Monday, 9 May 2011

Banks, phone calls and security

[This was originally posted to my "stuff that doesn't fit anywhere else" blog. Probably actually should have gone here ...]

Now I’m probably turning into an old fart, but I get really annoyed by banks when they phone you up about something trivial:

- Hello this is the XYZ bank. Can I speak with Mr Xyzzyy?

- Speaking

- I want to talk to you about some correspondance. Can you please confirm your date of birth and account number?

- No, I am not assured that you are calling from XYZ bank. You are calling from a call centre on an unlisted number. Can you please confirm the last four digits of any of my bank accounts

- I am sorry I cannot release any information unless you confirm your identity

I’m sure you can see what’s wrong about this dialogue. The bank quite properly wants to confirm my identity. Unfortunately they are asking for a something (my birthday) you can find by googling, and something I’d like to keep secure, an account number. Now while I’d be happy to tell them that, I’m alert to social engineering, after all they keep on sending me emails about being secure online and scammers, so not unreasonably I want them to prove that they’re not some sophisticated scam.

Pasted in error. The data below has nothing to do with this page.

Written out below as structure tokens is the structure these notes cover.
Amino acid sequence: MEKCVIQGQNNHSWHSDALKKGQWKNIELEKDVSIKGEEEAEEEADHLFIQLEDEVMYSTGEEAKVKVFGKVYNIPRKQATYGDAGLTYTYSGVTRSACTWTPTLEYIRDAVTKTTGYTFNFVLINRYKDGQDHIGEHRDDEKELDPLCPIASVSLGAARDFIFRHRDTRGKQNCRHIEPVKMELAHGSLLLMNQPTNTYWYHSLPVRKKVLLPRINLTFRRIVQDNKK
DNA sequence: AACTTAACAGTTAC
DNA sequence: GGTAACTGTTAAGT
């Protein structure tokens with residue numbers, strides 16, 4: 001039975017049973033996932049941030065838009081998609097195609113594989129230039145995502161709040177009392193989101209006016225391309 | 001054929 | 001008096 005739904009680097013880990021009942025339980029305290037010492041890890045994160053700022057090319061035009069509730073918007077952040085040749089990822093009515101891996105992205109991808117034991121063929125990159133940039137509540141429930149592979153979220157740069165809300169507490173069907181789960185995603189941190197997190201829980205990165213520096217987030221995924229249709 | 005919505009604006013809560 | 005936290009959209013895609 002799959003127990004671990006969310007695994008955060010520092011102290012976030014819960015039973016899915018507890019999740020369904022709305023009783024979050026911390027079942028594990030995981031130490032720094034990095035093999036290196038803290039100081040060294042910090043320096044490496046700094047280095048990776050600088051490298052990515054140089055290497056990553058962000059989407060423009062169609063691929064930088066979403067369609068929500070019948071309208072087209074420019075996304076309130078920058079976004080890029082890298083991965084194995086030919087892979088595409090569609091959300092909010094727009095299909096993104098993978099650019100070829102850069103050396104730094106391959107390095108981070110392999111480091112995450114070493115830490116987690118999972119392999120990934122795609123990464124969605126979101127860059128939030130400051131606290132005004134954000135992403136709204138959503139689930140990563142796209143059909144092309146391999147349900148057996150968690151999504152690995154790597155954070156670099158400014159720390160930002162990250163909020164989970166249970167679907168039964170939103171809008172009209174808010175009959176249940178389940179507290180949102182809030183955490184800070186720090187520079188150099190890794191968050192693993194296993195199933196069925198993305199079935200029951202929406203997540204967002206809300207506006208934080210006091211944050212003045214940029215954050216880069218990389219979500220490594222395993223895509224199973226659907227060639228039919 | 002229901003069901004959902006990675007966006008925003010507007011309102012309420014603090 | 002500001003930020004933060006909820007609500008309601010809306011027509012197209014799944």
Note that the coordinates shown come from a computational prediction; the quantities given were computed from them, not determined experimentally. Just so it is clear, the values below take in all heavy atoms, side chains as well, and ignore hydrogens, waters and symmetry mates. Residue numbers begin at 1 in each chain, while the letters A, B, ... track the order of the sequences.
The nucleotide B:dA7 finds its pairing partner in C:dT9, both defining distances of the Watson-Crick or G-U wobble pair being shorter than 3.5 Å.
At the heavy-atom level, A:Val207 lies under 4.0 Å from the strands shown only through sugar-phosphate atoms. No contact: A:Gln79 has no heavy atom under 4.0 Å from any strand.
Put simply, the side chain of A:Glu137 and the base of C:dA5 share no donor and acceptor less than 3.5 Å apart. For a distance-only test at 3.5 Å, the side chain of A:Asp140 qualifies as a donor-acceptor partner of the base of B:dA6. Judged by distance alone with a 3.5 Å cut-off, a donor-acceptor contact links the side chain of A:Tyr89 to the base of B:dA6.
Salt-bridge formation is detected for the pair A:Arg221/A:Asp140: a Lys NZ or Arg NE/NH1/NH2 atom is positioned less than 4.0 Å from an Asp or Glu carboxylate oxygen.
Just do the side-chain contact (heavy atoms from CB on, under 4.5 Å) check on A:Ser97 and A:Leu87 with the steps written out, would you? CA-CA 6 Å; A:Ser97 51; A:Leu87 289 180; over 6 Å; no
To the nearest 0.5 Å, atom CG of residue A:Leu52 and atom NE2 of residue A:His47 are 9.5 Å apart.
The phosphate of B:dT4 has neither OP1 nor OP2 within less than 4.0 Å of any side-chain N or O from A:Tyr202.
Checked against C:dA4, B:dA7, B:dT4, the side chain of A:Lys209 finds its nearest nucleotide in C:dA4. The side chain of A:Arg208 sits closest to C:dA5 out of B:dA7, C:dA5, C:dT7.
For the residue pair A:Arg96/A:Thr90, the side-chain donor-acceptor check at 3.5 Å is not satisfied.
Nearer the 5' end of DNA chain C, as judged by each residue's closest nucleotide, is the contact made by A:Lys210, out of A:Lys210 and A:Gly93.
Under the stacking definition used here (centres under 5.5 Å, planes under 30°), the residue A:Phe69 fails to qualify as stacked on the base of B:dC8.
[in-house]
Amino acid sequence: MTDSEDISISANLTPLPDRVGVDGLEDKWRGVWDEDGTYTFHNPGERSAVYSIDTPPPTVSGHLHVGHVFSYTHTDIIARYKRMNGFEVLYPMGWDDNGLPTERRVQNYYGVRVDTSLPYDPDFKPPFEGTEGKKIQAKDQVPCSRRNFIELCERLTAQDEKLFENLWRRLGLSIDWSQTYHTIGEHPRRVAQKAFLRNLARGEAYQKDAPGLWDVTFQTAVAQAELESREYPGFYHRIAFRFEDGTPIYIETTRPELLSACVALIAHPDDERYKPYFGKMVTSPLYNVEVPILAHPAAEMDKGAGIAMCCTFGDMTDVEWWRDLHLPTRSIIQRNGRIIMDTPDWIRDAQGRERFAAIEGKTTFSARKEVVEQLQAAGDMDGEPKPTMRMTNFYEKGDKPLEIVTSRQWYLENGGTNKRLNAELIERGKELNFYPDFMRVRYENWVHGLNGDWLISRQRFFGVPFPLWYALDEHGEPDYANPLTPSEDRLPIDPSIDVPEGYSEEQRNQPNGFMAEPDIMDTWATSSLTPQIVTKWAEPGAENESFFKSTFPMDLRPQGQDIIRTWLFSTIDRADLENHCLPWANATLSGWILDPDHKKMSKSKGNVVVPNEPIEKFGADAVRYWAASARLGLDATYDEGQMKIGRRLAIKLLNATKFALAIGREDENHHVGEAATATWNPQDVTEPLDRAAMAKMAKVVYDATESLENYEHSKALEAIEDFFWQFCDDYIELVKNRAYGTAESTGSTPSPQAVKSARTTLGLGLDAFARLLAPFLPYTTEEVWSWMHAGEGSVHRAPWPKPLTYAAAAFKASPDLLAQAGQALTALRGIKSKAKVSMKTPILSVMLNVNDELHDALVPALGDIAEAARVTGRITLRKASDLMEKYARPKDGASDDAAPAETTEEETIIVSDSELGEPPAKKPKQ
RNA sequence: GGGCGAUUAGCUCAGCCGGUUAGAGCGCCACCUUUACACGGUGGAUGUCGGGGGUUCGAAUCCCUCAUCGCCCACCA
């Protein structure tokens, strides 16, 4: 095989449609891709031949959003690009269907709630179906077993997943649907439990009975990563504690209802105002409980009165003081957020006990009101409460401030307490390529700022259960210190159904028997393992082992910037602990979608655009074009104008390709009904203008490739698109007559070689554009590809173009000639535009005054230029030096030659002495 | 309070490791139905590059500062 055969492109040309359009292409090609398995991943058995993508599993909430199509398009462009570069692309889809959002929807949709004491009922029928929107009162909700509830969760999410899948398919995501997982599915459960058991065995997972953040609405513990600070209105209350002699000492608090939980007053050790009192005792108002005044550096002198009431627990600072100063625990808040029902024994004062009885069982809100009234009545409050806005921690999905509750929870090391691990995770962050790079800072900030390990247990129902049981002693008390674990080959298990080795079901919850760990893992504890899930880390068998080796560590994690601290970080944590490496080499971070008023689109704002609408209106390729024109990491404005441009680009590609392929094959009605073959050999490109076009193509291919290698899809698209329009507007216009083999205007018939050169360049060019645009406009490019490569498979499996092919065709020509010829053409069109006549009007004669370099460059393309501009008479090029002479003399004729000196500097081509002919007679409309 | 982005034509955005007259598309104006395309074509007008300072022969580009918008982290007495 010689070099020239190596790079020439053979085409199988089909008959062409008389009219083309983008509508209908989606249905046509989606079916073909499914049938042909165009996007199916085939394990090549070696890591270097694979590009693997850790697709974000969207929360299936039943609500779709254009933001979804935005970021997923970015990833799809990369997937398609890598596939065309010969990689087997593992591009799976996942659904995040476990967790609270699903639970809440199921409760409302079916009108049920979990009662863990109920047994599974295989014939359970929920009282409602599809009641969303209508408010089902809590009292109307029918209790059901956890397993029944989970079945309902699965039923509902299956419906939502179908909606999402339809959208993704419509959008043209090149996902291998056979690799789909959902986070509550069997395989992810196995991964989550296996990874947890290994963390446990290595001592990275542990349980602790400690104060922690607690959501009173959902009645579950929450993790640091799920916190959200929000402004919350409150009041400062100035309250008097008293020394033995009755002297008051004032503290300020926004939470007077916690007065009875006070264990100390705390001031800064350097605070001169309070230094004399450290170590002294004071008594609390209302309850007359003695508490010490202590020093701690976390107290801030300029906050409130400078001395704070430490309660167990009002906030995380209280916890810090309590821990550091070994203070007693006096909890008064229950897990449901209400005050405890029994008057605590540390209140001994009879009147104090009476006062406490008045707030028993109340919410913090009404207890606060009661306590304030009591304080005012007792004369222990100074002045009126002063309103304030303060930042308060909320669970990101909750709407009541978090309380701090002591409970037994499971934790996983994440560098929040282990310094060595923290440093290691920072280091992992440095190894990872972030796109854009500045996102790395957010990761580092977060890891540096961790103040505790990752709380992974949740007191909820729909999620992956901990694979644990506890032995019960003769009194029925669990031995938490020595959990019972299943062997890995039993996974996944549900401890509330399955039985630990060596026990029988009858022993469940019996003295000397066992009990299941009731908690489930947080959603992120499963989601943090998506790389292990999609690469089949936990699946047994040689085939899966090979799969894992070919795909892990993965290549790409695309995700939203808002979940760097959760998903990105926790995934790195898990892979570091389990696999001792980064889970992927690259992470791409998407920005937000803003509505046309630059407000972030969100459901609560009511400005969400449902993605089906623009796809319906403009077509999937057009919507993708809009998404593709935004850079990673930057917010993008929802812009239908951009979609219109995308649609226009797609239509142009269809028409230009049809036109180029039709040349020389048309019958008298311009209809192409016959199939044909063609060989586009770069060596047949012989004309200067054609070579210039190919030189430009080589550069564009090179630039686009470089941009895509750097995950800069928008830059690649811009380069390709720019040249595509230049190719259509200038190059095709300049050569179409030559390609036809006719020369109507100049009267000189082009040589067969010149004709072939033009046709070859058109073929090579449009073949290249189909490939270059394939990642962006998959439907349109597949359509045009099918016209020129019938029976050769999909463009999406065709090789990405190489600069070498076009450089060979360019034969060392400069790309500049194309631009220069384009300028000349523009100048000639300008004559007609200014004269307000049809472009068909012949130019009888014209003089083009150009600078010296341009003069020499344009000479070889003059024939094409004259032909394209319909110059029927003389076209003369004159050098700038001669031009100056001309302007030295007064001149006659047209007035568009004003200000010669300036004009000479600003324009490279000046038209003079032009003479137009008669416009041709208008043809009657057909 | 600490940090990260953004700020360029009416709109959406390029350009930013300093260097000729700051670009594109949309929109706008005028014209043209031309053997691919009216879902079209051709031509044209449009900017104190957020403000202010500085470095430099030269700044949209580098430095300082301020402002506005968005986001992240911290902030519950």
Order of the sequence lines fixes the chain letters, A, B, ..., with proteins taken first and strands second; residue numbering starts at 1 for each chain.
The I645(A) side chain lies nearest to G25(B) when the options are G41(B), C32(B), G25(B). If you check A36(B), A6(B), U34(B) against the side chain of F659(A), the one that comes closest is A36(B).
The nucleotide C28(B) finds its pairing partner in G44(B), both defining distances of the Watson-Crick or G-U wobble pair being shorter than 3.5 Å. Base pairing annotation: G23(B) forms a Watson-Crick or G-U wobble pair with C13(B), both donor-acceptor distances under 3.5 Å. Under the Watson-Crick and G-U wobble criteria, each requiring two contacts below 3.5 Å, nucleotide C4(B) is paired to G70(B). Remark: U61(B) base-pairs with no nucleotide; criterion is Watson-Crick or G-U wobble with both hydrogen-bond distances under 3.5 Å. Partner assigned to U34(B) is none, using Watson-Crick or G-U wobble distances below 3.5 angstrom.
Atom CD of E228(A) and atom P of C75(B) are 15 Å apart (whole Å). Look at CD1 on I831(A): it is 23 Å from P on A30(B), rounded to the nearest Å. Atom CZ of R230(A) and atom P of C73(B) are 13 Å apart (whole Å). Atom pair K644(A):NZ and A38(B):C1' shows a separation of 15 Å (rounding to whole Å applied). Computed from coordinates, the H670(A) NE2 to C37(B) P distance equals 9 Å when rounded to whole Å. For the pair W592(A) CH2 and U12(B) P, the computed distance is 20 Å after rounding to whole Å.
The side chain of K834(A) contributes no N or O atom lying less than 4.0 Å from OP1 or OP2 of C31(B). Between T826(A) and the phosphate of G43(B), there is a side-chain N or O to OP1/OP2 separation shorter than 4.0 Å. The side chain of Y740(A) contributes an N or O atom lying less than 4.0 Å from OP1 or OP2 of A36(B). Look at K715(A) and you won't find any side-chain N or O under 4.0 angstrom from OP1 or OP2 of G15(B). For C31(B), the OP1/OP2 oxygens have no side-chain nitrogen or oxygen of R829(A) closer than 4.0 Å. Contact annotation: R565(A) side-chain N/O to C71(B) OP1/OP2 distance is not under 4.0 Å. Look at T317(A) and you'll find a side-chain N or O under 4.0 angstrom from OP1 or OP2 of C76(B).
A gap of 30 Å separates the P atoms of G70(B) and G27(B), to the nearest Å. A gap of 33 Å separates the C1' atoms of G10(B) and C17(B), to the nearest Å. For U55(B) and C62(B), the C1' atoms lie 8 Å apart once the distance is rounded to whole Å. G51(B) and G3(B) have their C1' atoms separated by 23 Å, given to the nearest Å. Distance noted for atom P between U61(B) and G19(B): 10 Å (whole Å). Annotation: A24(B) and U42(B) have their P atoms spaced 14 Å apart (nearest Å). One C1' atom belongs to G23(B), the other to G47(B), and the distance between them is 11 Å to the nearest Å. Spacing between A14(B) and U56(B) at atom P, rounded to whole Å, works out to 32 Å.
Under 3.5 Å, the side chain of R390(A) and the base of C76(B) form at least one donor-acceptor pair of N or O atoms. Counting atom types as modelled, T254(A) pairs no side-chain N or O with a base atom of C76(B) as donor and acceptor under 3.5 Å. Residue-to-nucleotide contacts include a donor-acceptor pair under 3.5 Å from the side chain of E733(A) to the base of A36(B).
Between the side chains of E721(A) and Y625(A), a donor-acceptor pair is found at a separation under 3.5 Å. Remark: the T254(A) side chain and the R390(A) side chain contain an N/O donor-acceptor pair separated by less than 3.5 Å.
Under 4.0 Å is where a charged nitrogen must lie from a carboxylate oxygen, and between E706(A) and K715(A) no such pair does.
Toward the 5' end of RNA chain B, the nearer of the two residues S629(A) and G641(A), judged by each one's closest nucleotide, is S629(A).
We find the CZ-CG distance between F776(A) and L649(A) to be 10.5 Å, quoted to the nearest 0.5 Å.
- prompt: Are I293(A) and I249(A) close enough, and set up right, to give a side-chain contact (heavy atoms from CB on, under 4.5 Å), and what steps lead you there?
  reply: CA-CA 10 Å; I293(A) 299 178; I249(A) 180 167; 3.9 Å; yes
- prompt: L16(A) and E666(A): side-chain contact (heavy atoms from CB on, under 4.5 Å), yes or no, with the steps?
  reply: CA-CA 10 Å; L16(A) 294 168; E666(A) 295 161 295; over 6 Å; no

They of course can’t do that as they don’t let the phone bunnies give out any information.

Much better would be something like:

- Hello, I’m from the XYZ bank. I’m calling about some recent correspondance. Would you like me to confirm my identity?

- Yes

- Do you have your credit card handy? If you look at the back of it you will see you customer number. The last three digits are a, b, c.

- They are.

- Can you please now confirm that your identity by telling me the last four digits of your savings account number

- m, n, o, p

Now it could be better, we could have agreed some security questions in advance but this system has the advantage that they tell me something unlikely to be public knowledge, but not all of it, and I tell them something that is unlikely to be public knowledge, but not all of it.

We have then established that we are who we say we are, but no one knows something that can be of use. Also, if I’m working in an open plan office I havn’t divulged anything that I’d be unhappy having overheard, accidentally or not.

Dates of birth, full names don’t work as they are scattered everywhere on social networking sites.

1 comment:

Jonathan Jarrett said...

I've had almost exactly this conversation and had to go into my branch to find out whether someone genuine had called me or not. (They had, in fact, and the news was bad, but this was all many years ago.) I'd be stuck now though as `my branch' is in a different town. It's absurd that they can't think of a way round this, especially as their chosen path leaves well-meaning people so open to scammers.